Figure 3 presents the FSMI logic model. Developed for the FSP Evaluation - Part 1, the logic model shows project linkages to the collective outcomes of the FSMI. The FSMI logic model is colour-coded to identify:
- the elements of the FSMI being reviewed during the current evaluation (green)
- those that are related to these elements but not examined directly during the evaluation (blue)
- the intended outcomes of the projects, both individually and collectively (yellow)
To the extent possible, the logic model is organized according to the elements noted in Table 3 above. The largest exception involves improved IM/IT. The outcome under this element supports the achievement of outcomes for all other FSMI elements and their associated projects.
2.7 FSMI resources
A total of $139.8 million was allocated to the FSMI for fiscal year 2011-12 to fiscal year 2015-16. This includes $40 million that was reallocated from existing CFIA resources. Details on the CFIA internal reallocation are provided in Appendix C.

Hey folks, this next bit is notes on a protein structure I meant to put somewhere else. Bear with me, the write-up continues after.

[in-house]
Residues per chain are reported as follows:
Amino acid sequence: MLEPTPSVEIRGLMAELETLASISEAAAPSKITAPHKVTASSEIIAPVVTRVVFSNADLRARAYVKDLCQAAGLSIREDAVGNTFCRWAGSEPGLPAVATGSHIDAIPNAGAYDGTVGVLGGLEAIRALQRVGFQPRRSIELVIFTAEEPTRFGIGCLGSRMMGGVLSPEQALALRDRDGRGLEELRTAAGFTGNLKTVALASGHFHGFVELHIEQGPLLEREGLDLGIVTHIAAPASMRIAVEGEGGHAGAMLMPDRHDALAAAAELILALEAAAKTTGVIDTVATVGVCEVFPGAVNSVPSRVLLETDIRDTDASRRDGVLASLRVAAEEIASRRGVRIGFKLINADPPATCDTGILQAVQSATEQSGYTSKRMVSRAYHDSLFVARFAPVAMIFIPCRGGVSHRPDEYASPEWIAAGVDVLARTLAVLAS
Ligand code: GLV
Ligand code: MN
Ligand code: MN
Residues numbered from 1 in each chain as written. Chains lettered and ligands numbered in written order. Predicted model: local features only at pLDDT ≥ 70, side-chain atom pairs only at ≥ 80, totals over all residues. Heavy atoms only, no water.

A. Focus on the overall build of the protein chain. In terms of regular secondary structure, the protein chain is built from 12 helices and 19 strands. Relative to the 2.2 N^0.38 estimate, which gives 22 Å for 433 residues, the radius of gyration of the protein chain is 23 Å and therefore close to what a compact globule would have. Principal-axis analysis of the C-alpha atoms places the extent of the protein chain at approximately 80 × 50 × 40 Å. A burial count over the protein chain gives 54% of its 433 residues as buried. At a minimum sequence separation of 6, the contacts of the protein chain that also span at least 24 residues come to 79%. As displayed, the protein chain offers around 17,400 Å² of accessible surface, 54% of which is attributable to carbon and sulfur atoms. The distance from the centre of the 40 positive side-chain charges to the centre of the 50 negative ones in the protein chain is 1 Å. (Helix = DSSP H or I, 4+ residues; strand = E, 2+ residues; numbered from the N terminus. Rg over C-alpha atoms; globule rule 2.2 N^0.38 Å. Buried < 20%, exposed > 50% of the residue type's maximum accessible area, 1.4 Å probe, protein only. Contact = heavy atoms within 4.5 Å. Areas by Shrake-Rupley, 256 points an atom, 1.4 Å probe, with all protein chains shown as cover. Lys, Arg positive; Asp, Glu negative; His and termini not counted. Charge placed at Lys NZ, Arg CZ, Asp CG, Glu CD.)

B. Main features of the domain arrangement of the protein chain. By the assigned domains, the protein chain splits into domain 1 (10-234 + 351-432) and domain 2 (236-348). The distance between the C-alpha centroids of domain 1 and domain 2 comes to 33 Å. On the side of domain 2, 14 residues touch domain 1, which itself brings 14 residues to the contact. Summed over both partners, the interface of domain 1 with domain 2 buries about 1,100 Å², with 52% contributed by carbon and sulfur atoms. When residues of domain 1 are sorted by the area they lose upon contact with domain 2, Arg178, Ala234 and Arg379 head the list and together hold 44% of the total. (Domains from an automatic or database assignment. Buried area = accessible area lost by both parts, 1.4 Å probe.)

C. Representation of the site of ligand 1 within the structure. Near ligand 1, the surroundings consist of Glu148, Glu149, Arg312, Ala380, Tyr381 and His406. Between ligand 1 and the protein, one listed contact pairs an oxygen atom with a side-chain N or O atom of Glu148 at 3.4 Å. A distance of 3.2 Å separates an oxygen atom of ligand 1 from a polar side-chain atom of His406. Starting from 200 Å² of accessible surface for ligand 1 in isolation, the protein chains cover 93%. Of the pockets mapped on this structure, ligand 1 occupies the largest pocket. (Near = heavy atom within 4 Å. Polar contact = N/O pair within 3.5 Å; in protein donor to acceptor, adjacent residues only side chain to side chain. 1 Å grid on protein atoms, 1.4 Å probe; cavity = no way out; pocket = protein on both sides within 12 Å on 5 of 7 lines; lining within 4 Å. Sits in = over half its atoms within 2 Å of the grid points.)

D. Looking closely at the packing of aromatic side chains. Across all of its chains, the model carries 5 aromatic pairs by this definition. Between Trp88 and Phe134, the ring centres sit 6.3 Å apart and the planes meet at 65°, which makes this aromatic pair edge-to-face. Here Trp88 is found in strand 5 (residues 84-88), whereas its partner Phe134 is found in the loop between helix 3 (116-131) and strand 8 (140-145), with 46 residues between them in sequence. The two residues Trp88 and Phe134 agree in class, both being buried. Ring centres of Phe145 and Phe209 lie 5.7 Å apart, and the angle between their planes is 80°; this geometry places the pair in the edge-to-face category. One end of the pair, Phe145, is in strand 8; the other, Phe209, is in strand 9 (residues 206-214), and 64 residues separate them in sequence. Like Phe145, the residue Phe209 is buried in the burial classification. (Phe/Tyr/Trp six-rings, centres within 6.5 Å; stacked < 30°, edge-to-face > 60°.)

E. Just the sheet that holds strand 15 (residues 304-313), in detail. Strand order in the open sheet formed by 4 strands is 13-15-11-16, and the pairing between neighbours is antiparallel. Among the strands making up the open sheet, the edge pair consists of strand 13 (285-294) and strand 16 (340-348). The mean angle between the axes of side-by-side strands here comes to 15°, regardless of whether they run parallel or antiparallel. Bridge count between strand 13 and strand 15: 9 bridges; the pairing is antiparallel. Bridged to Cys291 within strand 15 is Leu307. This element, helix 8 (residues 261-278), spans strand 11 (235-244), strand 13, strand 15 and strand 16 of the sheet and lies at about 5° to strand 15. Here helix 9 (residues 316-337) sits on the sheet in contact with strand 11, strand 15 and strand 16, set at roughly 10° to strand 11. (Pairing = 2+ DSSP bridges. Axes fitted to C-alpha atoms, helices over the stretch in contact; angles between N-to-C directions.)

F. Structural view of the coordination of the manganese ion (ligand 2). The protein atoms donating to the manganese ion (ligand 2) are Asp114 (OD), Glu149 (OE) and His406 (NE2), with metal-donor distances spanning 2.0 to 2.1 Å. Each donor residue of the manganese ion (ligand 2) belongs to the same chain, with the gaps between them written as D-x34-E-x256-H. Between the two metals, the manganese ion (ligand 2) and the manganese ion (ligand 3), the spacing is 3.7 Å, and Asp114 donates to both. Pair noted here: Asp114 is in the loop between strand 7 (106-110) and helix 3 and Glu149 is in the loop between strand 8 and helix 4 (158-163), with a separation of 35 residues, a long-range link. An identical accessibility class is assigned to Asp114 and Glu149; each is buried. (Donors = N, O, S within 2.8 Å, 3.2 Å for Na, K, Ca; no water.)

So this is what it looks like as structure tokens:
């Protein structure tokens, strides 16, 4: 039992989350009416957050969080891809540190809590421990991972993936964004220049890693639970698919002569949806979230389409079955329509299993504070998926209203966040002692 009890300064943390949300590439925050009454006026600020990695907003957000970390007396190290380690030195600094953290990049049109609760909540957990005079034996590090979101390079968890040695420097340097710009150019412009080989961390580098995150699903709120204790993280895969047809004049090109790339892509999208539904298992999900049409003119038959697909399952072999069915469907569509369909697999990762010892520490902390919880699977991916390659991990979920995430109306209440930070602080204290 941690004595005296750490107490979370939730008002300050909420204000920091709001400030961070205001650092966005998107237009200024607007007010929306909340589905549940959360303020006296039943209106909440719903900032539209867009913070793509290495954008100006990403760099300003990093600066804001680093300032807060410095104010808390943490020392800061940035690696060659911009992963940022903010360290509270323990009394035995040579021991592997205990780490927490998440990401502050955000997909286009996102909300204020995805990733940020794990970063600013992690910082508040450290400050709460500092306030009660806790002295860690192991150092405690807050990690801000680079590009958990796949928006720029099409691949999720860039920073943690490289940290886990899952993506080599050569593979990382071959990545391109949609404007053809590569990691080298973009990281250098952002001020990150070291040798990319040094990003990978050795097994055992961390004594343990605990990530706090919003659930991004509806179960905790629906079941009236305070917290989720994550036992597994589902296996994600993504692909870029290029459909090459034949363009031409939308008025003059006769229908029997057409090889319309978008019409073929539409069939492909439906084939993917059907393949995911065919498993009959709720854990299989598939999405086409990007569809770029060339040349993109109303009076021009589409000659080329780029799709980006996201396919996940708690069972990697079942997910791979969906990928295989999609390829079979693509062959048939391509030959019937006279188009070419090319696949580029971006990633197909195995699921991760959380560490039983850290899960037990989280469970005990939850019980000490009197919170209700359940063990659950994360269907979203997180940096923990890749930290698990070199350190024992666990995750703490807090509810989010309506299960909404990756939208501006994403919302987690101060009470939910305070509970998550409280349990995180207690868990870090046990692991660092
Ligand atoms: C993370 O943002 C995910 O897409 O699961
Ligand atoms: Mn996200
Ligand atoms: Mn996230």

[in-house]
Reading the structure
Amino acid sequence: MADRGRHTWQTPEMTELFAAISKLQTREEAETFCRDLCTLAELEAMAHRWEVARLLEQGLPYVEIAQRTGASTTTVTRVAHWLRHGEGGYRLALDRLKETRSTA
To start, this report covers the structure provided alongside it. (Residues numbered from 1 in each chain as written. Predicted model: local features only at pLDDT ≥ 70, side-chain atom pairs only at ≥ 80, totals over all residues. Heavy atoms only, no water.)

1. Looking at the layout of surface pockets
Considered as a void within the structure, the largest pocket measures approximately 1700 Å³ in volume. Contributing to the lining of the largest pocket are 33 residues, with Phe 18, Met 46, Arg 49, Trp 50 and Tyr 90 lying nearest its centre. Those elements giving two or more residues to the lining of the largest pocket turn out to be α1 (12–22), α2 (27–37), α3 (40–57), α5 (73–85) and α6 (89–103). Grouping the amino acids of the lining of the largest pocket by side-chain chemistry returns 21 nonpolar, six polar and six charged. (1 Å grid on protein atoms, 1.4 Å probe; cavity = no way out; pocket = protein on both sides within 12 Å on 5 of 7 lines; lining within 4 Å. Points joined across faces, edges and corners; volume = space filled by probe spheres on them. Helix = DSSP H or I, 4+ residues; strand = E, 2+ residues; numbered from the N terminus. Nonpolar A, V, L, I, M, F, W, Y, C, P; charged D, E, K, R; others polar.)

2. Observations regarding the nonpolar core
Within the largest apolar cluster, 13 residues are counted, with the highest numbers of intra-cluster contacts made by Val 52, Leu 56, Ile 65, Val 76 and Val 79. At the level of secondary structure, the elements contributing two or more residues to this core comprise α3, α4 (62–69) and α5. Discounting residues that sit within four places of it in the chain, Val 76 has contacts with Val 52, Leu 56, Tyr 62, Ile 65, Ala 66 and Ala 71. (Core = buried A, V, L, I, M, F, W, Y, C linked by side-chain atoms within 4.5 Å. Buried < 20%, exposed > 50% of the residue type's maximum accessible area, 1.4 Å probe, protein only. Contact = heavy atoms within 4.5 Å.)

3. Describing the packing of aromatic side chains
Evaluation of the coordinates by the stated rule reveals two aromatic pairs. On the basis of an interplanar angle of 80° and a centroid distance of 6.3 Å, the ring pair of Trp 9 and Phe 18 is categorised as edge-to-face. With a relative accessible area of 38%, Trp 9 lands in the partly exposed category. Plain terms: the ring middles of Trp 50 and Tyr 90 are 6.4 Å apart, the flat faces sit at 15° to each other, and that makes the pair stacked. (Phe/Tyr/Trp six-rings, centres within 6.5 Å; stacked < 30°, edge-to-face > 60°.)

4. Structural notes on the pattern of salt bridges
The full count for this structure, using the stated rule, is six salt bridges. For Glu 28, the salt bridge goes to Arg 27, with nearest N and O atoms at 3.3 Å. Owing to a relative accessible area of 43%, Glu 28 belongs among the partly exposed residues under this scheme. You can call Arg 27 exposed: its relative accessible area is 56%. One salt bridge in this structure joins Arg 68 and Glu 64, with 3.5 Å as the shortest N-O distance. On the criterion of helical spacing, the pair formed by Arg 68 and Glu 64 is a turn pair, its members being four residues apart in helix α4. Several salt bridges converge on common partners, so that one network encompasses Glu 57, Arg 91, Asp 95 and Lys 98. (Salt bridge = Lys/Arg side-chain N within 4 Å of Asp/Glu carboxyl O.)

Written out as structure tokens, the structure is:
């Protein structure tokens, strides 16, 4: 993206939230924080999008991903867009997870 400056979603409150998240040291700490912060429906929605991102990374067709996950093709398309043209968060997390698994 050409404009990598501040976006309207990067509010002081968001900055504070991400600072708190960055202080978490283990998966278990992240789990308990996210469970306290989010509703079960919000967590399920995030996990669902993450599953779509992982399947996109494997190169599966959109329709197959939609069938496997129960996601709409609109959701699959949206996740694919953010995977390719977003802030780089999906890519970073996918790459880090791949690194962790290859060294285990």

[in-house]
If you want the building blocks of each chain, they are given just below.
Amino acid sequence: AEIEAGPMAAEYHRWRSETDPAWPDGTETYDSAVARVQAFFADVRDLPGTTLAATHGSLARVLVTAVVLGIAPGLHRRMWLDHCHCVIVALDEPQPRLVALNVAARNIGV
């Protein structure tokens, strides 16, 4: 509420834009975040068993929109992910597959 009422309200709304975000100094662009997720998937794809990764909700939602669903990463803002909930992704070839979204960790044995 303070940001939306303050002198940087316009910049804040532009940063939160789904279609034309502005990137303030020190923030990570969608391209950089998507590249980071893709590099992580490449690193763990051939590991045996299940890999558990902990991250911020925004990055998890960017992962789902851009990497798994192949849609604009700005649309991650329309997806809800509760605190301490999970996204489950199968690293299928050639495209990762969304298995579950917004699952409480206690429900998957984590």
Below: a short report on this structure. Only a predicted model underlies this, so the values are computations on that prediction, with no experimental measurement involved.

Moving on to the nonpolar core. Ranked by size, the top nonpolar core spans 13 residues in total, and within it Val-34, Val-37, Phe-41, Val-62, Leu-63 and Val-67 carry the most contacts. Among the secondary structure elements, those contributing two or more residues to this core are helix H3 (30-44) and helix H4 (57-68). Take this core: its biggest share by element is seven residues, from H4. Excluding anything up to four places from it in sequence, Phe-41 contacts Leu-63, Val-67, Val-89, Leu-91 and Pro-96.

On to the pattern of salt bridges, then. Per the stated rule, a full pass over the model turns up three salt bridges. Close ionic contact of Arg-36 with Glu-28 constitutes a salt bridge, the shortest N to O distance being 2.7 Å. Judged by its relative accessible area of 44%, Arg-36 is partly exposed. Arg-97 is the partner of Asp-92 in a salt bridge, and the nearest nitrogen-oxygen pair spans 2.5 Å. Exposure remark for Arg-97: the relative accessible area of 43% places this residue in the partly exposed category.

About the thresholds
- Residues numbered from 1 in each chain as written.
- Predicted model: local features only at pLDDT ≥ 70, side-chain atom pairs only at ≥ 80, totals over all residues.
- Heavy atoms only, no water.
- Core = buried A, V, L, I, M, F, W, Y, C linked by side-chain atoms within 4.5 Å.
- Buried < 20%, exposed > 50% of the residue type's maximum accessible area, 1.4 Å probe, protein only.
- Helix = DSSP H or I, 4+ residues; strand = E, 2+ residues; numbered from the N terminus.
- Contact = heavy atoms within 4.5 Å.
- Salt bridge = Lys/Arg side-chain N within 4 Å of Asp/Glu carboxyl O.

From the total of $139.8 million, $22.6 million was allocated to verifying industry compliance with Health Canada's Revised Listeria Policy. The Listeria project is not considered in the evaluation. In addition, $3 million was allocated to Health Canada as part of the initiative.
In summary, minus these allocations, the CFIA's portion of FSMI funding was $114.2 million.
Table 4 shows how the $114.2 million was distributed across the seven remaining projects in each of the five fiscal years from 2011-12 to 2015-16. The evaluation focussed on the funding and associated activities undertaken during fiscal years 2011-12 to 2014-15.
|Inspection System Modernization|
|Improved food inspection model (IFIM)||$3.0||$5.9||$10.3||$12.4||$5.6||$37.2|
|Electronic services delivery platform (ESDP)||$1.0||$3.1||$6.5||$6.4||$5.5||$22.5|
|Recruitment and training of inspectors||$0.6||$2.4||$5.1||$4.9||$4.9||$17.9|
|Enhanced Science Capacity|
|Developing a laboratory network strategy||$0.2||$1.1||$1.2||-||-||$2.5|
|Modernizing equipment and laboratories||-||$0.5||$2.2||$3.8||$5.4||$11.9|
|Enhancing laboratory response capacity||$0.7||$0.8||$1.3||$1.3||$1.3||$5.4|
|Increased efficiency through improved IM/IT||-||$3.8||$4.8||$4.1||$4.1||$16.8|